Back in School

Today, I started my spring with a disadvantage.  On the last day before break, a student walked off (accidentally, I’m sure), with my copy of my sixth grade textbook.  When he discovered that he had two copies of the book, he dropped one in the lost&found instead of returning it.  I only got it back this morning.  I wound up having to plan my lessons this week blind; and I’ll have to re-plan them later this week.

I find myself in a conundrum over this — in a digital world, I’d have a copy of the textbook in a digital format.  So I wouldn’t have been without my textbook at all.  But I also would likely have substantially less freedom about teaching what I wanted to, and I wouldn’t have had the option to plan my lessons much at all.  So the textbook gives me some freedoms — but without it, my freedom is paralyzed.  How weird is that?

4 comments

  1. I’m not sure of your suggestion that you’d have less freedom with a digital textbook… if anything, my experience has been with the most simplest of digital formats (PDF) I have considerably more freedom. Could you elaborate?
    Thanks!

    • Sure… I meant that if my school invested a lot of money and energy into running a digital textbook set-up for students, I would probably be expected to stick a lot more closely to using that textbook, and its implied curriculum, than I currently am. The folks at my school often use second-run (i.e., used) textbooks, because they’re cheaper to purchase and usually have exactly the same information organized in exactly the same way. If we invested in the whole “iPad, digital textbooks, wifi, google apps, etc” solution we keep considering as a sort of pie-in-the-sky solution… well. I think some people, particularly the board and the parents, would want to make sure that we got our money’s worth.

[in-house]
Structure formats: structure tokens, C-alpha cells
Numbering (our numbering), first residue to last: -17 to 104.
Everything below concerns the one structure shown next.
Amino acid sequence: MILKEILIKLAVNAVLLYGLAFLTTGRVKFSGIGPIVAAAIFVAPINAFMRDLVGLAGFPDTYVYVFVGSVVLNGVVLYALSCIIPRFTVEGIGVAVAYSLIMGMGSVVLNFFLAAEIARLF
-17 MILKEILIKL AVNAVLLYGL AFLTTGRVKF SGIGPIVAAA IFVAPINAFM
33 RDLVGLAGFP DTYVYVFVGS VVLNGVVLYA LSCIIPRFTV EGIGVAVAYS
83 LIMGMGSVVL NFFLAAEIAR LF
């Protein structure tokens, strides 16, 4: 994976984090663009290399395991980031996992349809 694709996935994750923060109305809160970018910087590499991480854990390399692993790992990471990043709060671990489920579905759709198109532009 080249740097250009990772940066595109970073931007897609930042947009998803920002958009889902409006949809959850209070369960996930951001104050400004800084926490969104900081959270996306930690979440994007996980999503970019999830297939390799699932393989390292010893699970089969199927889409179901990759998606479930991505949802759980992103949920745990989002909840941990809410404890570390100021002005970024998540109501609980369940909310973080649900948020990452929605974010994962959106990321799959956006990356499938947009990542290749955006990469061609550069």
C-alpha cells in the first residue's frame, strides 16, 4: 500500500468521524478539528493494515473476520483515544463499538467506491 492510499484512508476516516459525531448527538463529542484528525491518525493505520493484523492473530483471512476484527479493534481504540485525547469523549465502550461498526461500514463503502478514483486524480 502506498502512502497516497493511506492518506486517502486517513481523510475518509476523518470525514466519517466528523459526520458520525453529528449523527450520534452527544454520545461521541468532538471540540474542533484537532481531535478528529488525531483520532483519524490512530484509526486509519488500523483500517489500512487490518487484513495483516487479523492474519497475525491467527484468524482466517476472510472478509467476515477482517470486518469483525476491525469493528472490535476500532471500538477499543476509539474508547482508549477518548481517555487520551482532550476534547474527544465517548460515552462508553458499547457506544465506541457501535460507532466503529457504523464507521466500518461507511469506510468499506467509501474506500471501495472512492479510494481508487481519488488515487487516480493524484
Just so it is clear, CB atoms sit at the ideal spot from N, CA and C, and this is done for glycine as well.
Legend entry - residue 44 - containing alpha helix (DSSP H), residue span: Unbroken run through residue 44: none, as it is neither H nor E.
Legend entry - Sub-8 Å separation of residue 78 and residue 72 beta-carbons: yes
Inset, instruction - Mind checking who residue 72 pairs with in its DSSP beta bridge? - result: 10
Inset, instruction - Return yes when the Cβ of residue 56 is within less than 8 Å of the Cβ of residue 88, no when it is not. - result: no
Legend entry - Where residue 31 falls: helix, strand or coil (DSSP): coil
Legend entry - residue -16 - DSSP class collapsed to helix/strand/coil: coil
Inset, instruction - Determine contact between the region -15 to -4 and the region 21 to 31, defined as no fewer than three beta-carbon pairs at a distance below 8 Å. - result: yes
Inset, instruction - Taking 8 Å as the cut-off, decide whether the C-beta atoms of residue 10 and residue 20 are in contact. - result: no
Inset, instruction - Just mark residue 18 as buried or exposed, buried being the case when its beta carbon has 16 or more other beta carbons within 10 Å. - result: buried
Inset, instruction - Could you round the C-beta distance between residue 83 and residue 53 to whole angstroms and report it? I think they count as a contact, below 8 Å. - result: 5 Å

That’s what I was thinking. The logic may not hold up to deep scrutiny, but it was my thought when I came into work this morning. 🙂

      • With the PDF of the textbook, I (and I think the rest of my teachers) feel far more free to re-mix the contents of the resource. Now, you’re right… within a pre-packaged system like the iPad, you may be more restricted but if you hold on to the GoogleApps approach you should find more liberty (not that I’m trying to draw any parallels between iOs and Android).
        And, for the record, I’m an educator.

    • Hey, I don’t know what your area of expertise is, but if you have a possible topic that’s education related, and you’d like a chance to comment on it here, let me know. You were probably the 7,000th commenter, so if you’d like a chance to talk here, and have something interesting to say, now’s your chance.

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